• In June 2012, China sent off its first female astronaut Liu Yang into space when it launched Shenzhou 9 to dock with its prototype space lab.

In June 2012, China sent off its first female astronaut Liu Yang into space when it launched Shenzhou 9 to dock with its prototype space lab. (Photo : www.ibnlive.com)

China and the United States should team up on space travel for the sake of discovery, according to an analyst of Chinese politics and economics.

Chris Dalby, a Mexico-based analyst wrote in the Global Times that American dominance of space is facing serious competition as China's space goals are now beginning to look similar to NASA's.

Like Us on Facebook

According to the article, China is no longer satisfied with sending up satellites or manned Shenzhou missions, as it is now planning to set up a permanent space station by 2020, with manned missions to the Moon and Mars.

But with a slowing economy and 10 percent growth a year in China's space program, the country needs to make a profit from it, Dalby said.

He added that the country has several ways to do it since, now, it allows foreign satellites to piggy back off its rockets, space tourism is now being discussed, and China may even take the lead in asteroid mining in the long-term.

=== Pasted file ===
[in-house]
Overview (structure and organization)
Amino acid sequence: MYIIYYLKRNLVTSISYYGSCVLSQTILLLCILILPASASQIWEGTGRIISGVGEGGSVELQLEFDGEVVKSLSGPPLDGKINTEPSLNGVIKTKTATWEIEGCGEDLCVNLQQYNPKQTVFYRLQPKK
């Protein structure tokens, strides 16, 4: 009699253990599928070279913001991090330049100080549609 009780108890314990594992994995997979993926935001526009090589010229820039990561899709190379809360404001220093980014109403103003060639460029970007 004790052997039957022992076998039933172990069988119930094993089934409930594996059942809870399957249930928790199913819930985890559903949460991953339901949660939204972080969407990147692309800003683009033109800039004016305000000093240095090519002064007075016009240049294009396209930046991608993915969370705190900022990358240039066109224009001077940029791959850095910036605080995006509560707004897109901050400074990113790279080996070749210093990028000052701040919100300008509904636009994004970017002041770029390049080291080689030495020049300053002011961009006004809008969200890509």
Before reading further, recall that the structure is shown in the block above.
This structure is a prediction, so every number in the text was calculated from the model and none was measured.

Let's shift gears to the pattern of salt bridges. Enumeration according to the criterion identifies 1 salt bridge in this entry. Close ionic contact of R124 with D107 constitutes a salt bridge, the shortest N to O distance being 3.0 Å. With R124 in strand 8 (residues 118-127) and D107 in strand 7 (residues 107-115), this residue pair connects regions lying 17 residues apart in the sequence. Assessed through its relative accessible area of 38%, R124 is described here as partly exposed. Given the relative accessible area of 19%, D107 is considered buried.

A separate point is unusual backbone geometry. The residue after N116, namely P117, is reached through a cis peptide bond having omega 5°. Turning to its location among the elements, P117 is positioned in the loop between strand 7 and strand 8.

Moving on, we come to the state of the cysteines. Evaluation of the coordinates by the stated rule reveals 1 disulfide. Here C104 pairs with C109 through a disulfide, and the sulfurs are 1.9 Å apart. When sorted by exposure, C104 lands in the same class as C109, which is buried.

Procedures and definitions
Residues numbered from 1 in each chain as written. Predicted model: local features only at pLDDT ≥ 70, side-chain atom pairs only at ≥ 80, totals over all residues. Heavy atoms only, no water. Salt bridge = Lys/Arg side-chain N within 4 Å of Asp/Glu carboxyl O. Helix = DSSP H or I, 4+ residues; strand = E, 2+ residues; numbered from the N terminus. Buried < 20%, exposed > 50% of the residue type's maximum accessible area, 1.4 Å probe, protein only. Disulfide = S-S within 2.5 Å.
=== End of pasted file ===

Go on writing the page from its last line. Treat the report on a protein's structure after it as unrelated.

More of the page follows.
According to Dalby, the value of China's space venture should be seen not on its own cost but as part of a larger order, unlike NASA, which had its shuttles grounded and budget restricted for years. In addition, China's space budget has grown steadily as with its own GDP.

By comparison, only $2 billion a year is spent by China on its space program, while NASA spends $18 billion a year. China's $2 billion budget is spent on supporting numerous pillars.

The landing of Jade Rabbit rover on the Moon in 2013 showed China's focus on our satellite, Dalby said. The construction of the Tiangong 2 space lab, which is now set to launch in 2016, will give China a permanent foothold in space. The lab will be completed around 2022, when the International Space Station will be retired.

The report said that although space travel gained unmatched public enthusiasm in the U.S., NASA's budget was reduced after the USSR collapsed and the U.S.'s interest in space exploration waned. In the case of China, Dalby said, the country is unlikely to have similar problems.

Dalby added that the joint exploration of space has obvious tangible benefits, and seeing people, whether Chinese or American, walk on the Moon will work toward this tangible purpose.

Dalby added that although Russia and the U.S. have worked together on the International Space Station (ISS), China has not been invited to take part, which he said has been a wasted opportunity. There are treaties to prevent the militarization or colonization of outer space and the best way to enforce them is to ensure that all space players will work toward a common goal.

He said that an international cooperation should bring together the U.S. and Europe with emerging players such as China and India, where the space travel expenses will be shared by all, including the costs of manpower, equipment and payloads.